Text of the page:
Infection and immunity
PROFILE:A difficile discovery
Funded by the MRC, Professor Nigel Minton at the University of Nottingham has made an important discovery about the hospital-acquired infection C. difficile.
Nigel is a Professor of Applied Molecular Microbiology and leads a team of researchers dedicated to studying a group of bacteria called Clostridia. He jokingly badges himself as a “Clostridia fanatic” and when he describes the wide range of potential uses for these bacteria, it’s easy to see why he is so enthusiastic.
“They’re a fantastic group of organisms and I always say that the antics of a few give the rest a bad name. Of the 100 or so Clostridia species only about 12 cause diseases. But there are all these other wonderful Clostridia that can do amazing things – we can use them to make biofuels, they can selectively destroy tumour tissue and treat cancer, and they can even be genetically modified to make aviation fuel. But at the same time, some Clostridia can cause serious health problems, and I am determined to do something about that by understanding more about how pathogenic Clostridia infect their hosts.”
One species, Clostridium difficile (C. difficile) is a major public health problem, causing healthcare-acquired infections. In 2008/09, C. difficile was responsible for over 4,000 deaths in UK hospitals, four times more than the number who died from MRSA infection.
“Most people don’t realise that it’s actually a bigger problem than MRSA,” says Nigel. ”C. difficile is principally a disease of the elderly. When older people go into hospital and are given antibiotics, the normal beneficial bacteria within the gut are disrupted, and if C. difficile is around it takes over the gut, and can cause severe, explosive diarrhoea and produces spores – dormant seeds – which spread around the hospital. It causes greatest devastation in the elderly and until recently the UK had the highest infection rates it the world, so there have been major strides in recent years by the NHS to reduce infection rates, and fortunately the incidence of C. difficile is now starting to come down.”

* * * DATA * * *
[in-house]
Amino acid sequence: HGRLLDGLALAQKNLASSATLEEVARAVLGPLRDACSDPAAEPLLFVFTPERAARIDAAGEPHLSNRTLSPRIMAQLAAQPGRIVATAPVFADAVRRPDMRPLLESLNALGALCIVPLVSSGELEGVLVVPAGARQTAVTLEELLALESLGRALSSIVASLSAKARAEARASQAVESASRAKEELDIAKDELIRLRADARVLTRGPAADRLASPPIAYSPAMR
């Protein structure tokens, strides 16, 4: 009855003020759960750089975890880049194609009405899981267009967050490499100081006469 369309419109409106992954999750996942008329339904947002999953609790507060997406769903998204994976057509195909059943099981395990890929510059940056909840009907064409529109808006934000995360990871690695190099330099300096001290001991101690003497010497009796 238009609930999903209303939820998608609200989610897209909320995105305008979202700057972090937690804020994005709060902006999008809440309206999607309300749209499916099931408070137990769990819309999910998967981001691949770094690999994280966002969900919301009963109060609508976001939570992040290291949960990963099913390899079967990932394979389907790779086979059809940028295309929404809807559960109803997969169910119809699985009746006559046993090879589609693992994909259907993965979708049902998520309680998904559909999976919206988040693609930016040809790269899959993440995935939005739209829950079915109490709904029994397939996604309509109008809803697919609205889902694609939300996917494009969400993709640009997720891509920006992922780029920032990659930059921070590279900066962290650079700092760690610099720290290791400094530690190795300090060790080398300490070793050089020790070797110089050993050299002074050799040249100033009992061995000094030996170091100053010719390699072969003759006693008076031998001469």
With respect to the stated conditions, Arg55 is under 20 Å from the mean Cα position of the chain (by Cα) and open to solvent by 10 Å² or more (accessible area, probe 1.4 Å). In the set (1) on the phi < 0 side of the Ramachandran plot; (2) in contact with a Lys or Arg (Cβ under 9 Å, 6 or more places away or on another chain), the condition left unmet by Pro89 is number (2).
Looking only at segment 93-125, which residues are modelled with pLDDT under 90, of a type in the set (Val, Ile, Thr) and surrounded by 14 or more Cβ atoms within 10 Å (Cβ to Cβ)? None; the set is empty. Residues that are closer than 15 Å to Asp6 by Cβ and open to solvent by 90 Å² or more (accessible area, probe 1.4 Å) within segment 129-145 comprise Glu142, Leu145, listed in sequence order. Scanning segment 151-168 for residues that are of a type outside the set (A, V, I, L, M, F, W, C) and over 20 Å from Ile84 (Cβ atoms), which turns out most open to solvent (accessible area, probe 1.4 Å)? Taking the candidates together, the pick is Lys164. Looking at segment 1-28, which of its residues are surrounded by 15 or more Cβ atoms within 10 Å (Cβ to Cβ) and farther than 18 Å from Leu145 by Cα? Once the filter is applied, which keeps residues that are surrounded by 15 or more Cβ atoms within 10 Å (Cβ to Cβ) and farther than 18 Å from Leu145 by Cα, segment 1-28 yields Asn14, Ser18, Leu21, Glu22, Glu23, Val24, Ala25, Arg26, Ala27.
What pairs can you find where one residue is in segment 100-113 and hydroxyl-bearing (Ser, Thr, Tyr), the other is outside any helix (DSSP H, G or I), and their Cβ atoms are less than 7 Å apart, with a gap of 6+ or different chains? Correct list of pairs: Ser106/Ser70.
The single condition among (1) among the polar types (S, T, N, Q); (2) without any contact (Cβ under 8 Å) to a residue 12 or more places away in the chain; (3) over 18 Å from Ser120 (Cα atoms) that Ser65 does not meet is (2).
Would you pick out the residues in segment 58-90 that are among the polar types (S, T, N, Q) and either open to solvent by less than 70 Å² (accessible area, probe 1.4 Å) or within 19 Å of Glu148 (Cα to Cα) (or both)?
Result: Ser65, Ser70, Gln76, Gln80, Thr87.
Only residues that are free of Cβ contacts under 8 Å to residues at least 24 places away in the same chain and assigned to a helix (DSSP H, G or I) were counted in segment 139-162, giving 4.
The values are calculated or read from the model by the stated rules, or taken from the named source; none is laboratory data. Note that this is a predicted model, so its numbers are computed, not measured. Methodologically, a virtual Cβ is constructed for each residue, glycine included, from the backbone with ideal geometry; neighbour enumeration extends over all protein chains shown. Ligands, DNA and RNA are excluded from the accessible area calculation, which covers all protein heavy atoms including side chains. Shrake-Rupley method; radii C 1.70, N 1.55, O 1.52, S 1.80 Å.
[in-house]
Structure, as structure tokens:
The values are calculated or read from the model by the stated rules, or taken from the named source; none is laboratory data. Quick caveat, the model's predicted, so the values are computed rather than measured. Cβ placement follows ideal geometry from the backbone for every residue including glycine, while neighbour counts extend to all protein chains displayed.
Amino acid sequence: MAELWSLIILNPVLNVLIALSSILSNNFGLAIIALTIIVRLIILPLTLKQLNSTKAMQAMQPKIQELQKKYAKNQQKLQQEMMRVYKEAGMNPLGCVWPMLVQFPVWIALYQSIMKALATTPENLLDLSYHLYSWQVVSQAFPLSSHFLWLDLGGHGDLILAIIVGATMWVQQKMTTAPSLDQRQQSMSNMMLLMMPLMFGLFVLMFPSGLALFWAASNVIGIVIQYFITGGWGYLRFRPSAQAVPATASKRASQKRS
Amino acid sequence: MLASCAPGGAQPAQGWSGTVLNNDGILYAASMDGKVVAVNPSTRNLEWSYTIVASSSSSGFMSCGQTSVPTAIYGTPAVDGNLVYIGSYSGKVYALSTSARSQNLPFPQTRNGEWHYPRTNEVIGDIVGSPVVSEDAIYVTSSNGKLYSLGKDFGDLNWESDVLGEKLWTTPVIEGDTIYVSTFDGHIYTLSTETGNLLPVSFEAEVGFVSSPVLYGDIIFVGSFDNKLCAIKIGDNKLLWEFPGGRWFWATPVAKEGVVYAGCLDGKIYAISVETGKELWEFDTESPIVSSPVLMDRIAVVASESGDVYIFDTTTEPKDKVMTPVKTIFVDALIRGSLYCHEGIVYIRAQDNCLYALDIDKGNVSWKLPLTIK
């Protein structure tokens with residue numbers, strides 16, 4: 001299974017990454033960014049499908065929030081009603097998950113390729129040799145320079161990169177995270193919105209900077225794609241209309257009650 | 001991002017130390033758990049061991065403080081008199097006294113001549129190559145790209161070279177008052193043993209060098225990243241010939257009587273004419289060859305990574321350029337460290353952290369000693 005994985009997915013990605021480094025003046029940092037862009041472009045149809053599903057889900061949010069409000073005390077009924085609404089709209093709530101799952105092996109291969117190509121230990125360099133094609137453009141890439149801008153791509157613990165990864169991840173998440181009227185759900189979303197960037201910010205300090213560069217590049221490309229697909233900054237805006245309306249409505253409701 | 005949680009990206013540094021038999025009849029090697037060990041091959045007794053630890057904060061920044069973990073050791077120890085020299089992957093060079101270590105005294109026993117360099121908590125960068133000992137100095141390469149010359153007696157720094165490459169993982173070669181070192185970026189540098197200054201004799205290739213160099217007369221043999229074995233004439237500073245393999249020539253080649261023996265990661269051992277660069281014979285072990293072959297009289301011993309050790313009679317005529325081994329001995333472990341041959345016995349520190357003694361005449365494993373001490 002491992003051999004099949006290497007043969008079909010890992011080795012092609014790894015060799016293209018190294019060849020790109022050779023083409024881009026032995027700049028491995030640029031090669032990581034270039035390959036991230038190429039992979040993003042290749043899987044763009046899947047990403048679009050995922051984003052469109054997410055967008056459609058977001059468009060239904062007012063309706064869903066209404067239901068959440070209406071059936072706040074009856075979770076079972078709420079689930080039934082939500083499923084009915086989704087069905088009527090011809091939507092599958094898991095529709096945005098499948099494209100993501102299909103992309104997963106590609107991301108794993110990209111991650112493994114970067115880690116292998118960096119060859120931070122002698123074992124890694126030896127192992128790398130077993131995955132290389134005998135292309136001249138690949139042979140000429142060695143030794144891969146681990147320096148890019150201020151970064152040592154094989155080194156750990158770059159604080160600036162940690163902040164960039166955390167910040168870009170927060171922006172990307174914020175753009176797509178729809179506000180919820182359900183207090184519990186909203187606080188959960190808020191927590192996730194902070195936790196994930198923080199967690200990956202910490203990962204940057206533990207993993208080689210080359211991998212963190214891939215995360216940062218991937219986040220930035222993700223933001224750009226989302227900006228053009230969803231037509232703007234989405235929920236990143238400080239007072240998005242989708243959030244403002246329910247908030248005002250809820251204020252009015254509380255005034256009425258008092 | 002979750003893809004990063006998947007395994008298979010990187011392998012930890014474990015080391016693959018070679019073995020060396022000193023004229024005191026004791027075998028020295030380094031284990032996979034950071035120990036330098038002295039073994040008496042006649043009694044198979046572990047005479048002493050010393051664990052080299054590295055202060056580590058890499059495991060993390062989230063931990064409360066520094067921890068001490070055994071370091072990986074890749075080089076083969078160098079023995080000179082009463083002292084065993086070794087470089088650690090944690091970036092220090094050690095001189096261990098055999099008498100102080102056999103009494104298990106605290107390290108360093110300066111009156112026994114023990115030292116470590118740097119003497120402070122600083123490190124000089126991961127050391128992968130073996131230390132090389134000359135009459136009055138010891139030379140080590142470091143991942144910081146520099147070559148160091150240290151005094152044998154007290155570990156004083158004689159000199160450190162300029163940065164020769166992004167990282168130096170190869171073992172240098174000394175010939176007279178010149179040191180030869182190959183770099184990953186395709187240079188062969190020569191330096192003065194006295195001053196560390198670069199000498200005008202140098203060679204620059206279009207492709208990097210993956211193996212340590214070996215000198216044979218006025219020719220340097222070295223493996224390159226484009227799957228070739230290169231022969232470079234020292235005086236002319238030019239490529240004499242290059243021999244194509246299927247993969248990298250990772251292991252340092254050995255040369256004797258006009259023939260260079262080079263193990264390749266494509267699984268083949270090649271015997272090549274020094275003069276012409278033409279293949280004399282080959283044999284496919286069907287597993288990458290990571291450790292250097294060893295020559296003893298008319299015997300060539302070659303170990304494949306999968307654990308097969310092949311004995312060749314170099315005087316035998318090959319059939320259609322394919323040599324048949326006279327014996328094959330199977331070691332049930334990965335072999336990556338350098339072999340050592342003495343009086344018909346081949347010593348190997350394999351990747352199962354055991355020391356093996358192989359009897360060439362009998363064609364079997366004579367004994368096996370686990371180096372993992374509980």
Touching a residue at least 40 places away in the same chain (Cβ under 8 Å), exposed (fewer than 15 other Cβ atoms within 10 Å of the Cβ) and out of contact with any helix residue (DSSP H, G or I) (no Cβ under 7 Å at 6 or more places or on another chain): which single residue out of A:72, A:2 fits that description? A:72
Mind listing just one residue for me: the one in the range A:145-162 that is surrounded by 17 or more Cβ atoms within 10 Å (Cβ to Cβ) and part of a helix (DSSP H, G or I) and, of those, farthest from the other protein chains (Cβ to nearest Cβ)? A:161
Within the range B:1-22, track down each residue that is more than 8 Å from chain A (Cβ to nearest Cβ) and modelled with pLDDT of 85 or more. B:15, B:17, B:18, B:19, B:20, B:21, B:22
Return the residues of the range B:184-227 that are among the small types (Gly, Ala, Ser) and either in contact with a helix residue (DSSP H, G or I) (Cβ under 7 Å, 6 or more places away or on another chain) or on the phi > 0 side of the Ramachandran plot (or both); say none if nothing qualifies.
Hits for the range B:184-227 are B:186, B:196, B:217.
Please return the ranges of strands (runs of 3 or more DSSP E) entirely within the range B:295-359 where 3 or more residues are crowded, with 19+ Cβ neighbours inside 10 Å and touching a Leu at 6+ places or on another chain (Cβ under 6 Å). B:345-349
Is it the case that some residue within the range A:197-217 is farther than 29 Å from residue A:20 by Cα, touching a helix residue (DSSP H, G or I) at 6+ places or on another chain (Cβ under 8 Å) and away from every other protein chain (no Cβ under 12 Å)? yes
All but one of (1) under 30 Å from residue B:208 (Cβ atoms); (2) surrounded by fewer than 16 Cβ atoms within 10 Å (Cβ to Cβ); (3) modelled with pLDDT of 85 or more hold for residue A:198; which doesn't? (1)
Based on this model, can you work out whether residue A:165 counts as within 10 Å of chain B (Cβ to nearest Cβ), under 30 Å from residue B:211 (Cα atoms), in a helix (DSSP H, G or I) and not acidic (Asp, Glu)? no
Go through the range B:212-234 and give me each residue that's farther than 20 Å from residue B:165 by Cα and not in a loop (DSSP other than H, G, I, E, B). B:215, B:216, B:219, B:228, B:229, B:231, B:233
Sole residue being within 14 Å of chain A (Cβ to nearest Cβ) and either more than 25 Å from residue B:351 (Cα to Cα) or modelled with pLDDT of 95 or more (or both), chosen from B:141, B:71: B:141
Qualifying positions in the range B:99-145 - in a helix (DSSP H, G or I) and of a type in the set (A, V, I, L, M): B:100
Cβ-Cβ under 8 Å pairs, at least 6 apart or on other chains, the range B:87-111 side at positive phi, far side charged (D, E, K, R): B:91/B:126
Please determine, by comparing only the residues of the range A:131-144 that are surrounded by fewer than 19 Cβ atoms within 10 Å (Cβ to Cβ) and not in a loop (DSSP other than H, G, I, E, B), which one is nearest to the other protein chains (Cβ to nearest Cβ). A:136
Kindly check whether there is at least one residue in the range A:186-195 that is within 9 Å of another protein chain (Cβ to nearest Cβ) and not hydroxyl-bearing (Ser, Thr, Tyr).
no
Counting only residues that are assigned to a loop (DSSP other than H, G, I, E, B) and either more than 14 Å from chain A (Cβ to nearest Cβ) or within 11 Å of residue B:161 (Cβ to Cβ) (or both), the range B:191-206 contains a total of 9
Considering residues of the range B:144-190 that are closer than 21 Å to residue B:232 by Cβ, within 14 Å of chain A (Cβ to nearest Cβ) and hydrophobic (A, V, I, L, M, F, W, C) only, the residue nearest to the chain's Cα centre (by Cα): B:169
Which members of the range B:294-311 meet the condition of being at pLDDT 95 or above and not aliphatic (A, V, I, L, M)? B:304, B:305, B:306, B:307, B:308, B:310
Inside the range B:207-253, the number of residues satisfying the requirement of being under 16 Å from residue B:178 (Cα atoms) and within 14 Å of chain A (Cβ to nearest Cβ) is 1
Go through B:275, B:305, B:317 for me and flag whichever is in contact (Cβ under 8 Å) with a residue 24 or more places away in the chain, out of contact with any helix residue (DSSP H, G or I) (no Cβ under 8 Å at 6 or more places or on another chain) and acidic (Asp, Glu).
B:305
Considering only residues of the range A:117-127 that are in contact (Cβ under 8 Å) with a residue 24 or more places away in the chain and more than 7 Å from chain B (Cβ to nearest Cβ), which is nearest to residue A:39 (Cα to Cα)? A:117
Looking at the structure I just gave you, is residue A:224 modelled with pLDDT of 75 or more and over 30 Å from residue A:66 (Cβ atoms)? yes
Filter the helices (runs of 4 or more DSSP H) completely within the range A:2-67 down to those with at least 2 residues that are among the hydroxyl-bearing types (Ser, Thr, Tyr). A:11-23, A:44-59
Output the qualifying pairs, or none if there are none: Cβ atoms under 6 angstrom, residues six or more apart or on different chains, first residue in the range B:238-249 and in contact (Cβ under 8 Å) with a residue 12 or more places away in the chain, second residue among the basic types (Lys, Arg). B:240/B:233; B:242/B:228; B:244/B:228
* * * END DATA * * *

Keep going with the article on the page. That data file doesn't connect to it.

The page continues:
Nigel and his research team have developed genetic tools to study C. difficile to try and understand all the different components of the bug that contribute to how it infects people.
“For any disease, bacterial infection or otherwise, in order to understand the individual factors that contribute, you need to look at what happens when it isn’t there. That’s really how you find out what the products of different genes do and how they affect virulence. Until recently, it was practically impossible to genetically manipulate C. difficile, so that was the driving force behind setting up my research group and we’ve now developed some very efficient systems.”
Nigel explains that C. difficile causes severe diarrhoea by producing two powerful toxins, toxin A and toxin B, which cause damage to the lining of the gut. For a long time, scientists believed that toxin A was the more important factor in causing disease. This appeared to be confirmed definitively in 2009 with the publication of a high profile paper which showed that a version of C. difficile that had been genetically manipulated to produce only toxin B caused diarrhoea in hamster model, and that a version which could produce only toxin A did not.
But around the same time, Nigel’s group were doing similar experiments, and their results were very different:
“With our MRC funding we were making mutants with a more efficient technology which were more stable. In direct contrast to the findings of the other group, our bacterium which had only toxin A did cause diarrhoea.
“Our finding is really important because there are a lot of companies out there looking to develop drugs that protect against C. difficile by targeting the toxins. The study that preceded ours gave them the message that they possibly didn’t need to bother making drugs or diagnostic kits which targeted toxin A because it wasn’t important – but our finding showed that this wasn’t the case, and re-directed attention of companies back to toxin A.”